From Swaziland, James Hall reports that multinational corporations are at the forefront of fighting for child rights, and for the first time, Swazis now know that it is illegal to engage child labour.
Kenya s tourism industry, the second largest foreign exchange earner after tea, is on the brink of collapse following travel warnings issued by the US and UK governments. As AFRICANEWS Associate Editor Zachary Ochieng reports, the advisories came just when the industry was recovering from the effects of previous terror attacks.
At a time when Botswana has intensified its drive against the progression of HIV/AIDS infections, a new threat to children orphaned by the pandemic has emerged. Rodrick Mukumbira reports that the orphans relatives have sold property left behind by dead parents, thereby denying them their basic rights.
The sight and presence of school-age boys and girls in tea and tobacco estates in Malawi is now a thing of the past, following tough measures that the government, multinational corporations, trade unions and other non governmental organisations are executing in a bid to stamp out the evil labour practice. Charles Banda reports.
Form Ghana, child labour is widespread, and young children of school-going age often perform menial jobs either in the markets or serve as maids to their fortunate kinsmen or even total strangers. As Sam Sarpong further reports the economic situation in the country has driven a lot of parents to virtually give out their children to child traffickers because they barely have enough to eat and they think their children could be better off elsewhere.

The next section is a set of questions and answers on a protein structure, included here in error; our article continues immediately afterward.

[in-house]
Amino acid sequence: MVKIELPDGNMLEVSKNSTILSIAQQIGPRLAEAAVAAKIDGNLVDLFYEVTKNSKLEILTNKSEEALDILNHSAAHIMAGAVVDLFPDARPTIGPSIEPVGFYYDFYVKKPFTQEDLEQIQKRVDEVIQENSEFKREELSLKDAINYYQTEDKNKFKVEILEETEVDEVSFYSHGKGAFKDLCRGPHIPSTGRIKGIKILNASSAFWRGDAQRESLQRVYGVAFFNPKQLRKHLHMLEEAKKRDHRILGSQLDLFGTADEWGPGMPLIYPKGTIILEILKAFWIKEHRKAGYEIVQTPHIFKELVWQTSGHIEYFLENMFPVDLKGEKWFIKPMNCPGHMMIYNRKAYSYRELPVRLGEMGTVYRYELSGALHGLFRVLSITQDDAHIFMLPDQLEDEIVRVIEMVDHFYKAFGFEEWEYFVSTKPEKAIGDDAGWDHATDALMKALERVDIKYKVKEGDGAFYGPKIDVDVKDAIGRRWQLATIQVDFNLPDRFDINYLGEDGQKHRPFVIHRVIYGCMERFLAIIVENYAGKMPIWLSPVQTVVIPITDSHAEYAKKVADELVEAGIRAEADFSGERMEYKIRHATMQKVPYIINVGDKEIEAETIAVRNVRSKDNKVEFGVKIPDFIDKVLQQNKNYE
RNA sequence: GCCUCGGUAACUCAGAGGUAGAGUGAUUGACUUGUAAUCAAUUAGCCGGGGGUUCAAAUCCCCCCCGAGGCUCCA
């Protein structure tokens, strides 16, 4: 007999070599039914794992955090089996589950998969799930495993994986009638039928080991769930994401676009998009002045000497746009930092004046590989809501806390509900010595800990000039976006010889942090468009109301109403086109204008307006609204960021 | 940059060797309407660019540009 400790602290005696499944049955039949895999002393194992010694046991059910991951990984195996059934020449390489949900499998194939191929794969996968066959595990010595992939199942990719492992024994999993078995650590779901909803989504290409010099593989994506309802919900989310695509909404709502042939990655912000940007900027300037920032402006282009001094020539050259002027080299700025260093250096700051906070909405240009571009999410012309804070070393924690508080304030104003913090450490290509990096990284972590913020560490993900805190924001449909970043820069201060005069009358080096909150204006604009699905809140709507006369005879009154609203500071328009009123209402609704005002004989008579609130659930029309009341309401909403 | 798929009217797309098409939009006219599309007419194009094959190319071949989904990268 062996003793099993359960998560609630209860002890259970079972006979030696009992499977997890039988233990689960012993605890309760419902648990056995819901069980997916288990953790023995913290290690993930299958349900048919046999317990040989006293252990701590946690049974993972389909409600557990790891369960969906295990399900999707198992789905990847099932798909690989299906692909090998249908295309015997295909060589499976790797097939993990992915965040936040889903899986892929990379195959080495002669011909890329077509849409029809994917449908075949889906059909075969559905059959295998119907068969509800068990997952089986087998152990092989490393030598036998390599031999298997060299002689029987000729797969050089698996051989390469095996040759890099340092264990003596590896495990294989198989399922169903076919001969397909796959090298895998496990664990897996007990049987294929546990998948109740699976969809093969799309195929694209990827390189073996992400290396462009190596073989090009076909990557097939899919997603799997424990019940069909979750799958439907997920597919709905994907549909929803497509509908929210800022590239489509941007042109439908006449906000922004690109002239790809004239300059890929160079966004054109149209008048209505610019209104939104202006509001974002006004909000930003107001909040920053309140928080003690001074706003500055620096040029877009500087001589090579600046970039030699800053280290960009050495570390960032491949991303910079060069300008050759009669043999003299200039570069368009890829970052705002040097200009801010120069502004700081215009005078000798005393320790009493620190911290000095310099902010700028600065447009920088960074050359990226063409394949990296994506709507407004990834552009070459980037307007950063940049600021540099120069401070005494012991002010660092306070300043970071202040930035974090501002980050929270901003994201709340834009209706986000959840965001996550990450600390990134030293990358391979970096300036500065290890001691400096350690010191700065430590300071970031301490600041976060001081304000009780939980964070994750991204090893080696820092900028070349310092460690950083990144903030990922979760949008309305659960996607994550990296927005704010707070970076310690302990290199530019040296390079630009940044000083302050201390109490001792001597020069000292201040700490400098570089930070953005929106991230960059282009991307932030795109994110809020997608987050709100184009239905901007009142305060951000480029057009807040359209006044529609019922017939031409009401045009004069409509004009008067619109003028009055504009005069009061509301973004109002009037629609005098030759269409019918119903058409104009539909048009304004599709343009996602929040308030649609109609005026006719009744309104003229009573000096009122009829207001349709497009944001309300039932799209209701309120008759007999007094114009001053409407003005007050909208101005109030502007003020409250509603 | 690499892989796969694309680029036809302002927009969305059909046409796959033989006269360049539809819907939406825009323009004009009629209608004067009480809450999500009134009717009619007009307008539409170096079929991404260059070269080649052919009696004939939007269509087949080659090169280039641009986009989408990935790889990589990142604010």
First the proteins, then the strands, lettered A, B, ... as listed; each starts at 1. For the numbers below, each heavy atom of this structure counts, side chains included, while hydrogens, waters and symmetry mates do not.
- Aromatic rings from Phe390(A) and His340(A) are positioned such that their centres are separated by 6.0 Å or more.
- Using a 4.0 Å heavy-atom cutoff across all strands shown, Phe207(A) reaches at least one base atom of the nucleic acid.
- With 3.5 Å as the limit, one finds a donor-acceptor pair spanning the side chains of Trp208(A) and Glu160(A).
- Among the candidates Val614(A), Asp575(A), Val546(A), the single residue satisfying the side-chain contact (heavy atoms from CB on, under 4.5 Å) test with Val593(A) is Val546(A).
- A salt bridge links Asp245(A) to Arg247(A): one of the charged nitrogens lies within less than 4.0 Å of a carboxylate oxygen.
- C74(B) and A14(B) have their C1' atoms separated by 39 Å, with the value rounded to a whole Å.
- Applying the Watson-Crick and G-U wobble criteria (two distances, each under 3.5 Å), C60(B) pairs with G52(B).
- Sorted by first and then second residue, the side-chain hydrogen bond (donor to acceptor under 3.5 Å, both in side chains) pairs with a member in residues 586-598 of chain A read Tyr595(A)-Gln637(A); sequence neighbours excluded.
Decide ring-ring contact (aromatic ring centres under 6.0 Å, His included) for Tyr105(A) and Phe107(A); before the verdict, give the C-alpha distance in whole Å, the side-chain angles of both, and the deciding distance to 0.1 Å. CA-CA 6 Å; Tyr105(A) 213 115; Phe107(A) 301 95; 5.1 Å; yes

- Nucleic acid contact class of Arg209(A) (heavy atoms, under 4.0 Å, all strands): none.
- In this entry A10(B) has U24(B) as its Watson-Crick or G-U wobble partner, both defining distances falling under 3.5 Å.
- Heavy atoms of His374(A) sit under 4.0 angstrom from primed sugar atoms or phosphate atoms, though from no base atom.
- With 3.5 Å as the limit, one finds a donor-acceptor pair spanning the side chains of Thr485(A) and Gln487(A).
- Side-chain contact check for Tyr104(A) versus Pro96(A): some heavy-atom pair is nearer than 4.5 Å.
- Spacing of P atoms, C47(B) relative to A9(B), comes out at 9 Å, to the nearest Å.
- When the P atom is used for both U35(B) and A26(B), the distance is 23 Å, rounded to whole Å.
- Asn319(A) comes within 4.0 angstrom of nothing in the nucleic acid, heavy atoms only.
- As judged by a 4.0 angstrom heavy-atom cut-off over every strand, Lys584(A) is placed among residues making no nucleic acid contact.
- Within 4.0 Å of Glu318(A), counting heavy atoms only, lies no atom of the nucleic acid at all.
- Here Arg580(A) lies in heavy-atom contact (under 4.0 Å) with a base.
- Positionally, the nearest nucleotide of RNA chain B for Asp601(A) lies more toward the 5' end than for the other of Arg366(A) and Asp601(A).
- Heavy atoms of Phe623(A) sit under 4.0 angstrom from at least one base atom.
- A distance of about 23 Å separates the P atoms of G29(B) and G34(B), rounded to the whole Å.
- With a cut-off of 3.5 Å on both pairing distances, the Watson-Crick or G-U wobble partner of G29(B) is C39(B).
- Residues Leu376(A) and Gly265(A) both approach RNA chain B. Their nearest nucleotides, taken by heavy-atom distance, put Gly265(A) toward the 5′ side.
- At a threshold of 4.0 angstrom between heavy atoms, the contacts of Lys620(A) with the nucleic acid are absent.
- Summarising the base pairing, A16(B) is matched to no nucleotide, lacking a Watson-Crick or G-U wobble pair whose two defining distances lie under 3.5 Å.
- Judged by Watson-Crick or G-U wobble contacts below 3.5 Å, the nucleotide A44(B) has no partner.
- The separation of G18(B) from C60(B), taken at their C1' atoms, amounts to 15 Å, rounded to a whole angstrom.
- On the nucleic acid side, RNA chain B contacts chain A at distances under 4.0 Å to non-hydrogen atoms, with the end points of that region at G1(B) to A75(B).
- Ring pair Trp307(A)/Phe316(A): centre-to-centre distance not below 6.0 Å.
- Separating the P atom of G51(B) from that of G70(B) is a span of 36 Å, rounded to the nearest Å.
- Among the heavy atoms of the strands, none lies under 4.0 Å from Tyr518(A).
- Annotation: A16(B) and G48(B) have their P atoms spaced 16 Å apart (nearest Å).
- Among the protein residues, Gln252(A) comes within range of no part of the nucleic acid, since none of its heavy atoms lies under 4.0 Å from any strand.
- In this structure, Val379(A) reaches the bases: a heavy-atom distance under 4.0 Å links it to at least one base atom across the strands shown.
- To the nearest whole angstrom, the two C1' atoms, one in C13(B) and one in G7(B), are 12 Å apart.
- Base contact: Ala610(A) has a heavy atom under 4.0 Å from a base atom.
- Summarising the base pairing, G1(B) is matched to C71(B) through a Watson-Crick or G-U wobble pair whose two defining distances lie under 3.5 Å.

Back to Kenya, Zachary Ochieng, reports that despite the challenges in the fight against child labour, an ILO-IPEC report commends the country for major achievements like successful awareness campaigns, mobilizing different sectors in preventing children from dropping out of school, withdrawing many others from exploitative and hazardous conditions and returning them to school or vocational training.
While the temperature was settling following president Bakili Muluzi's announcement that he had dropped his bid for another term of office, the religious violence perpetrated by the Muslims casts doubts of a free and fair presidential, parliamentary and local government elections slated for May 2004. Hobbs Gama reports on the latest religious tensions over the arrest of five people alleged to be members of Osama Bin Laden's Al Qaeda network.